Hall of Famer Amy Alcott will not be competing in next month's Senior LPGA Championship presented by Old National Bank at French Lick Resort, but she could not be more thrilled that more major tournaments are now taking place to entice the best senior players in the women's game.
The very first Senior LPGA Championship was held at French Lick last year, when England's Trish Johnson emerged triumphant by three strokes, and another Englishwoman, Laura Davies, went on to win the inaugural U.S. Senior Women’s Open conducted by the USGA at Chicago Golf Club in July by a commanding 10 shots.
The Senior LPGA Championship, played over 54 holes for a total purse of $600,000, is for players aged 45 and above while the U.S. Senior Women’s Open, a 72-hole championship, caters to those above 50. For the LPGA Tour legends of the 1960s, 1970s and 1980s, these events have been a very long time in the making but the fact that they are now a reality is worthy of celebration and good reason to become competitive once again.
"Obviously we have had to be very patient and the term out there right now is 'It's About Time'," Alcott told LPGA.com. "Now we are slowly gaining momentum and it's wonderful to have these events. Hopefully the U.S. Senior Women’s Open will be in its genesis and it will be great if we can get a few more sponsors and have it carry on, along with French Lick and other events for senior players.
"Golf doesn't stop at 50. I love to compete and just want to put the peg in the ground and go play against my friends that I have played with for so many years. I think it's great to light the fire for women over 50."
Alcott, who won 29 times on the LPGA Tour, including five major championships, took part in that first U.S. Senior Women’s Open where she was one of eight former U.S. Women's Open champions who made the cut.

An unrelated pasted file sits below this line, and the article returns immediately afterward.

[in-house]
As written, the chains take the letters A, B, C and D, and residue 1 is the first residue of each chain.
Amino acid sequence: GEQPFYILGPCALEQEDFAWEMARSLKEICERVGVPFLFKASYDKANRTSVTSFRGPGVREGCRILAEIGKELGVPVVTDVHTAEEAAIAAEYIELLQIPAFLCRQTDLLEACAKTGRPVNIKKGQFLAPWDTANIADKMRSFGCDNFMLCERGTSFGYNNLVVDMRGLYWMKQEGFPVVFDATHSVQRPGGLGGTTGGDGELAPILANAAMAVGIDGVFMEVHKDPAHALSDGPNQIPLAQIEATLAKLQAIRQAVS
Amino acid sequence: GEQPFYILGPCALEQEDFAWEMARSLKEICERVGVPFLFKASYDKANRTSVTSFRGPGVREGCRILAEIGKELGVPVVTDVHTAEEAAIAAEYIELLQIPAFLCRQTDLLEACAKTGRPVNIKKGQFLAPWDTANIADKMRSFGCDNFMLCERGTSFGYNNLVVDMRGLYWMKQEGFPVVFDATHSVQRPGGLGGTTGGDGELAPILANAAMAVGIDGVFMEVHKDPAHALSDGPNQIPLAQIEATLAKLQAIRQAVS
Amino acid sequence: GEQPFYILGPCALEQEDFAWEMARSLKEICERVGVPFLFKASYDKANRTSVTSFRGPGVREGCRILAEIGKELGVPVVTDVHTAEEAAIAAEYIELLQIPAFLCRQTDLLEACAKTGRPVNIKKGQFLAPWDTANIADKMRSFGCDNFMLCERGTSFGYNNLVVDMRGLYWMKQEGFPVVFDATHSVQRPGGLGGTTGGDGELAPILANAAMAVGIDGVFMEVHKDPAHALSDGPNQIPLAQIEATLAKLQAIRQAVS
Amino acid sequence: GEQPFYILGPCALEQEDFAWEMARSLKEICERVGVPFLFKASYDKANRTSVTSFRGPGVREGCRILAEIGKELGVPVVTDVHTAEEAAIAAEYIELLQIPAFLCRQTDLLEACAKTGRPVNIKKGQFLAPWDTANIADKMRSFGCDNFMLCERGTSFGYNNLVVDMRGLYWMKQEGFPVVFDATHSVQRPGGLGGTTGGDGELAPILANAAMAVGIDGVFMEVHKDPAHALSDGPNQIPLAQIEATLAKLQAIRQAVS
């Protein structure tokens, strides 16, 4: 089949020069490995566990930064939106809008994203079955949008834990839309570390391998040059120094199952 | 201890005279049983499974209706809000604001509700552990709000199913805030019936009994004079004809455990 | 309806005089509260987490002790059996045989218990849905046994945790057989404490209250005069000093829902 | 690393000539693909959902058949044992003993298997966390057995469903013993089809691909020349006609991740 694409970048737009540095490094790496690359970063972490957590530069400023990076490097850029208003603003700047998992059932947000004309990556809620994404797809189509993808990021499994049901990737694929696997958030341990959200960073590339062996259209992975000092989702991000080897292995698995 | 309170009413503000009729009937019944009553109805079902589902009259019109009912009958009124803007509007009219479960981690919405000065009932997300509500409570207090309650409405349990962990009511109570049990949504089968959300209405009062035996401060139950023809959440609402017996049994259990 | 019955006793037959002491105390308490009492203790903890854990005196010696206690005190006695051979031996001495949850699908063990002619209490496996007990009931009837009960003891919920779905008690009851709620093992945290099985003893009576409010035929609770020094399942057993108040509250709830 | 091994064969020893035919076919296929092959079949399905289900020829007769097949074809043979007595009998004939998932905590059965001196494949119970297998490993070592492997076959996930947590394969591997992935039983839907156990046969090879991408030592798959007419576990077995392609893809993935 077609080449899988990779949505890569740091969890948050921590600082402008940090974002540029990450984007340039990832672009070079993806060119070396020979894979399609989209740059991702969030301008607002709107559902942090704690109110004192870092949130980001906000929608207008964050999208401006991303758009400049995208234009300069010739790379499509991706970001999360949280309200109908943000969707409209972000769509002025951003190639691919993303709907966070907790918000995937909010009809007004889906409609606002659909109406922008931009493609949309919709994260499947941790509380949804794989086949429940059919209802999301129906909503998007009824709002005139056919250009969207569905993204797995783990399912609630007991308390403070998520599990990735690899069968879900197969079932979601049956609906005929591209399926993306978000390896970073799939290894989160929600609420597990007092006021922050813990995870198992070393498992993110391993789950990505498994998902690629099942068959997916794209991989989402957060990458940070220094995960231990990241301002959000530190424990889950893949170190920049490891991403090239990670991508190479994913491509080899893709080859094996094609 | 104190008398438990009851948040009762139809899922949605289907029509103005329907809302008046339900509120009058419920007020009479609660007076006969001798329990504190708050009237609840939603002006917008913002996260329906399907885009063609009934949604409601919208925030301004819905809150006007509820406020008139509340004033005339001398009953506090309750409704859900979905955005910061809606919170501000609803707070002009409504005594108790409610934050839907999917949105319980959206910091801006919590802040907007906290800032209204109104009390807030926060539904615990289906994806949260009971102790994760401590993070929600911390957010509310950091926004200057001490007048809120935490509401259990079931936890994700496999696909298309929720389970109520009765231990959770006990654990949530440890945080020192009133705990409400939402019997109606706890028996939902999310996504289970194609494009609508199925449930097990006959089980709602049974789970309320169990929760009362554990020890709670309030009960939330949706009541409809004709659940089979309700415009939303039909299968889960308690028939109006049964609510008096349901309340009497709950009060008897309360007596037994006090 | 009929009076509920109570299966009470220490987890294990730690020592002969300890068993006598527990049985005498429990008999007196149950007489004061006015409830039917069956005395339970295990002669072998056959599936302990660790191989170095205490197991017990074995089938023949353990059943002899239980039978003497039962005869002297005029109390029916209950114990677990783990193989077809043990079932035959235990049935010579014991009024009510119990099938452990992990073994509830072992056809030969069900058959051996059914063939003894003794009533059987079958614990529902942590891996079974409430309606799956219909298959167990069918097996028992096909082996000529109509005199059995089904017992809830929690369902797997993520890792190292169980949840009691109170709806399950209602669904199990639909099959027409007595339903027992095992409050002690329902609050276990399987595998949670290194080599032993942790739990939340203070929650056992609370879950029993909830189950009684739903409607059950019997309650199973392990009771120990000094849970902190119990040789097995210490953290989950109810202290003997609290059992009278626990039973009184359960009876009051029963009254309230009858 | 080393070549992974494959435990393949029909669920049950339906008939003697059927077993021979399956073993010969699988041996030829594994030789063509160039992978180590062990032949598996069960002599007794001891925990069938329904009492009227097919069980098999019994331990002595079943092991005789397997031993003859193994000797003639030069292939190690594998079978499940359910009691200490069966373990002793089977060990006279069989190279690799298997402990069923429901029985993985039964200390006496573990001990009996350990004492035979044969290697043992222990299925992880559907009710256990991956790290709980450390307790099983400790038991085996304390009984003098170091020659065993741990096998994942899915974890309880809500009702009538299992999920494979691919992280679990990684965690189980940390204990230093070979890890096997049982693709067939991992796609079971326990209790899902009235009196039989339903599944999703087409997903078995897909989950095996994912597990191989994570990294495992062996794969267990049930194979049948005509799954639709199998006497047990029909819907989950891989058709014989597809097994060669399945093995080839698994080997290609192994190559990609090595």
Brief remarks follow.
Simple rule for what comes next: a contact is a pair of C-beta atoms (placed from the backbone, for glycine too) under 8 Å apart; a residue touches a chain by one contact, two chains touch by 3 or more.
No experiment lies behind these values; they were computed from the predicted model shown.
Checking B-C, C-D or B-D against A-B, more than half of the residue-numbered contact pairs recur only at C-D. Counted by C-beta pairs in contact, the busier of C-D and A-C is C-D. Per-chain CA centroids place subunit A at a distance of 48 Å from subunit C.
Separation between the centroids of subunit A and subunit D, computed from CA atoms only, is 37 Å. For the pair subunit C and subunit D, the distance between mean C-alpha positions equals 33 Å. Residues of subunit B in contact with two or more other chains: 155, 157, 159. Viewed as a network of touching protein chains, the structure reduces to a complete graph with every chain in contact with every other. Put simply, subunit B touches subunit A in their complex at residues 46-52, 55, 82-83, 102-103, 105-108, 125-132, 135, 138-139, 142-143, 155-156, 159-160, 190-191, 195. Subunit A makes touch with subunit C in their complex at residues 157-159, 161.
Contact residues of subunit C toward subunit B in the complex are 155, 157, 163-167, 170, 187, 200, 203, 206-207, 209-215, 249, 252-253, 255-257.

"I'm glad I finished," she laughed. "I don't play a whole lot but I still love the game and go out socially and play, and do corporate outings and stuff. It was great to get the competitive juices going again at Chicago Golf Club and I loved hitting a par-five in two, the final hole. I did that three days in a row. That's probably my greatest memory of the week."
BECOMING COMPETITIVE AGAIN
Asked how much she had prepared for that week in Chicago, Alcott replied: "I worked fairly hard on my game to get ready for it. I don't play a tremendous amount. I go out and play with friends and gamble for a few bucks because I enjoy that but the chance to be competitive again definitely got my interest. And I really enjoyed working on my game a lot because I developed a new relationship with golf at the age of 62.
“You do get out of it, the competitive side of golf, because you don't have a reason to play. And now you've got a reason to play and so it develops a new camaraderie with the game. It's kept me a little closer to it."
Alcott, a member of both the LPGA and World Golf Halls of Fame, loved the fact that Davies claimed the first U.S. Senior Women’s Open title in such commanding fashion while the 79-year-old JoAnne Carner managed to shoot her age in the opening round.
"It's was quite a storybook, wasn't it?" said the Missouri native whose five major championship wins include the 1979 du Maurier Classic and the 1980 U.S. Women's Open. "I must say there was a lot of emotion, a lot of emotion at Chicago Golf Club ... I thought the week just came off beautifully. I just loved being a part of it."
Expect more of the same from Oct. 15-17 at French Lick where five members of the World Golf Hall of Fame are in the starting field of 81 - Davies, Betsy King, Juli Inkster, Hollis Stacy and 'Big Mama' Carner - as well a total of 19 LPGA major champions.